German Chancellor Angela Merkel has warned that Turkey’s approach to democracy and the rule of law are “deeply problematic” to the country’s future cooperation with the European Union.
“These deep differences of opinion relate to basic questions of democracy and the rule of law. They relate to freedom of expression in Turkey. They also relate to the many journalists that have been jailed for expressing their opinion,” Merkel told the German parliament.
Merkel will emphasize the centrality of democratic institutions and liberal values to the transatlantic relationship during a visit to Washington, DC, this week. For instance, the US and the EU face a growing crisis in the Western Balkans, observers suggest.
The Balkan wars of the 1990s seem like a distant memory. But the possibility of renewed crisis in the region is growing and may soon impose new demands on US policy, according to Carl Gershman, President of the National Endowment for Democracy, and Ivana Cvetkovic Bajrovic, the NED’s Senior Program Officer for Southeastern Europe.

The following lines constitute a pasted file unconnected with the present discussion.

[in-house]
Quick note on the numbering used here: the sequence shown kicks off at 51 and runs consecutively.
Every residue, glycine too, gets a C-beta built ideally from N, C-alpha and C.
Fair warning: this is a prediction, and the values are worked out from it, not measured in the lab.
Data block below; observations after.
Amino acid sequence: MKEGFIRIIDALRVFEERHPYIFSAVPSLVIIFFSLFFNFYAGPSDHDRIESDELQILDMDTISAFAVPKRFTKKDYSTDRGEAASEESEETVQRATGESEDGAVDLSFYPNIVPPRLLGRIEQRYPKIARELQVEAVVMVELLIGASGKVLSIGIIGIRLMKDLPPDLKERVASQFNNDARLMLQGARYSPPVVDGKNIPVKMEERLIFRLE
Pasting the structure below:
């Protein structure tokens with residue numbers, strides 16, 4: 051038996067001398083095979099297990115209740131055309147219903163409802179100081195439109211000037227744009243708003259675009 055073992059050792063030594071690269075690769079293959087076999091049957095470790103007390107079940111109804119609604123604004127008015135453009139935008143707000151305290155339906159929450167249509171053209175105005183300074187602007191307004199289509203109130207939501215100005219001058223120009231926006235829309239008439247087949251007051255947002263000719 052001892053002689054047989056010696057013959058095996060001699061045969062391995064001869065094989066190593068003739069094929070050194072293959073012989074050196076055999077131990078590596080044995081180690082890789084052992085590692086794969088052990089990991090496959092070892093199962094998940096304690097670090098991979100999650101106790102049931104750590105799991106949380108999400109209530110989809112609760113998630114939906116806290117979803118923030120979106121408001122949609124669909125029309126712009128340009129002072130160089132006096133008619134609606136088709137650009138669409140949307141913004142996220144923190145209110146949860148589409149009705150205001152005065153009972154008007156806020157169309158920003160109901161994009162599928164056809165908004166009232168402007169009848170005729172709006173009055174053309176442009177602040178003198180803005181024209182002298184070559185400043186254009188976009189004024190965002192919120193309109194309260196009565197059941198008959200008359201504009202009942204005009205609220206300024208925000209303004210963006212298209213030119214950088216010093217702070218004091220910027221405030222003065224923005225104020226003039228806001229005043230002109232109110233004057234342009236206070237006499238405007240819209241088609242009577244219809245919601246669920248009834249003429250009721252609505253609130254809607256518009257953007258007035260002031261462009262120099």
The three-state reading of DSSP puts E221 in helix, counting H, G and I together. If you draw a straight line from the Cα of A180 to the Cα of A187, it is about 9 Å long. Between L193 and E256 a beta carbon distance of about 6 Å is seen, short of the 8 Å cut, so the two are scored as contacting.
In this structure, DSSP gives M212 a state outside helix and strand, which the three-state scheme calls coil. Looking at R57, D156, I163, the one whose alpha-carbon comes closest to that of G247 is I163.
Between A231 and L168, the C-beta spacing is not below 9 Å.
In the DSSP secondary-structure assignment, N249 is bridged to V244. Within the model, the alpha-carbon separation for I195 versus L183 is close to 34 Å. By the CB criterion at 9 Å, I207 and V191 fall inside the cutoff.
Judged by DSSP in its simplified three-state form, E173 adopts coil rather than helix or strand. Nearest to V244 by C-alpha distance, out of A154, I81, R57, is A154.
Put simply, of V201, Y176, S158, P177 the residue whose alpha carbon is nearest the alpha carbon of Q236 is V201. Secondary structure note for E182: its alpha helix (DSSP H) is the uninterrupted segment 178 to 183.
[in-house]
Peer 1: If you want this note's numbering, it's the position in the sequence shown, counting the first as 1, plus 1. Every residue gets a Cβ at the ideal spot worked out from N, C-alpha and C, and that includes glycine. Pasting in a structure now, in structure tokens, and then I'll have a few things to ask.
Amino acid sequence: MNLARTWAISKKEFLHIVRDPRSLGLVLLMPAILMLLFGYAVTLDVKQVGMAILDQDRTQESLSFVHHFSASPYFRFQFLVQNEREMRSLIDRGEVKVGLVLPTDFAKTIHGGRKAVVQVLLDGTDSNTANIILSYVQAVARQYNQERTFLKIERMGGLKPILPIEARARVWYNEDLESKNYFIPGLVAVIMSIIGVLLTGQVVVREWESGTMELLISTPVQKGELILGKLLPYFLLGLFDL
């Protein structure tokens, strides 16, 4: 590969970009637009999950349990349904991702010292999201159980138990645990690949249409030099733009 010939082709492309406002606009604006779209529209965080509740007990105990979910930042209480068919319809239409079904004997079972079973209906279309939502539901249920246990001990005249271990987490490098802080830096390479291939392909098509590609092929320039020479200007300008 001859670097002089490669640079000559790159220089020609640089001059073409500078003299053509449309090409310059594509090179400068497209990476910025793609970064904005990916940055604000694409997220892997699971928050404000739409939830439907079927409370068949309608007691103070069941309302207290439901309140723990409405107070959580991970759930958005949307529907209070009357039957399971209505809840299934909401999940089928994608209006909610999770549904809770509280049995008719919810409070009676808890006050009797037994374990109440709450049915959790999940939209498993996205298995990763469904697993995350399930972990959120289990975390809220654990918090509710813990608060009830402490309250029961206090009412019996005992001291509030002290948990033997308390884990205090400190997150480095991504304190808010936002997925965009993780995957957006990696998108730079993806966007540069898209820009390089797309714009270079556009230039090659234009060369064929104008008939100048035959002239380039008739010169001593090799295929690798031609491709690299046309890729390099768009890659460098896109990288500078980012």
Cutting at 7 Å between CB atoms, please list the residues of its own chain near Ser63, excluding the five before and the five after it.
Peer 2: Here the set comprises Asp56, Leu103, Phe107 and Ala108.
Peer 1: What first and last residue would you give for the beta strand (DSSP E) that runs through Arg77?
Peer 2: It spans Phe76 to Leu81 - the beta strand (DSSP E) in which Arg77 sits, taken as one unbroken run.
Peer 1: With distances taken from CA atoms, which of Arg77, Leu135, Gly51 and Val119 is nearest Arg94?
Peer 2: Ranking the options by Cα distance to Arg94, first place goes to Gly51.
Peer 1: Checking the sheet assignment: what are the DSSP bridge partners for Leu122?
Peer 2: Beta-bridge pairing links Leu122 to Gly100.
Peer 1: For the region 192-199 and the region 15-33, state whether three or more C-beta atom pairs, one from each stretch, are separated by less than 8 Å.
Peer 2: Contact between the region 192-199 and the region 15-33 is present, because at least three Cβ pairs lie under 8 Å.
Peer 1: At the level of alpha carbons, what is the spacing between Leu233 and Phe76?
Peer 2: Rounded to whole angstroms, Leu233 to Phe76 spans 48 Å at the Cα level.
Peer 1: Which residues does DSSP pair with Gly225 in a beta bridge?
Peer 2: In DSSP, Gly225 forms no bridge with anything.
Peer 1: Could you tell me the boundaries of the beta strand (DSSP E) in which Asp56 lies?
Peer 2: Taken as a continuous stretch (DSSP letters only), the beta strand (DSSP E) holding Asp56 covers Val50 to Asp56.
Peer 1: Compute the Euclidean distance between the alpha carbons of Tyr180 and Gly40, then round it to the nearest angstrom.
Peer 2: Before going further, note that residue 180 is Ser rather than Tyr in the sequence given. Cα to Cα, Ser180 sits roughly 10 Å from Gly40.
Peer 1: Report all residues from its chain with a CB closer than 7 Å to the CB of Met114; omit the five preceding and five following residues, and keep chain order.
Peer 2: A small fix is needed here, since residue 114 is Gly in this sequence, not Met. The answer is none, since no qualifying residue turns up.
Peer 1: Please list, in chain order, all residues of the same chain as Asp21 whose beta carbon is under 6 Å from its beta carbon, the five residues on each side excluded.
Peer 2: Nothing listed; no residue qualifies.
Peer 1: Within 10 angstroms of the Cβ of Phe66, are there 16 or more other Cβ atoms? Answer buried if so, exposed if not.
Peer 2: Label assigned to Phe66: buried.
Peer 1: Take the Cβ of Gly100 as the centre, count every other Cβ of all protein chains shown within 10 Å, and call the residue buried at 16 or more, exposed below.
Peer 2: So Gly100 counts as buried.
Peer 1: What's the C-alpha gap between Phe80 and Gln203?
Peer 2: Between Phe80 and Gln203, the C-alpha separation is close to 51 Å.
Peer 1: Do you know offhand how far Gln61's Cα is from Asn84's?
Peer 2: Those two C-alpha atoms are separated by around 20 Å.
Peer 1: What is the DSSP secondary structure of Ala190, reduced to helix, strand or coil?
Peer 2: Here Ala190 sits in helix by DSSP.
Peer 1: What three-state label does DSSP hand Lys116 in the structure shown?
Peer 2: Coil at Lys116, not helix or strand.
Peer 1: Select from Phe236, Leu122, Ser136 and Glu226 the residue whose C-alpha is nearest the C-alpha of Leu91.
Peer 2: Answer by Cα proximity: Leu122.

Ever since the 1990s post-Yugoslav wars, two main factors have helped stabilize the western Balkans — the five ex-Yugoslav states that have not yet joined the EU, plus Albania, The Financial Times reports:
- One was the prospect, however distant, of joining the EU. This has encouraged democratizing reforms. The hope has been that EU membership would ultimately cement reconciliation between the peoples of the Balkans, as it did between France and Germany and other second world war foes.
- The other stabilizing force was US support, and the assumption that the US or Nato would intervene if conflict were to re-emerge — as they did in Bosnia in 1995 and Kosovo in 1999.
“The best way to undermine Moscow’s propaganda and the prospect of Russian ‘little green men’ making mischief in the western Balkans is for the EU and US to remain committed to winning hearts and minds in the region,” the FT adds.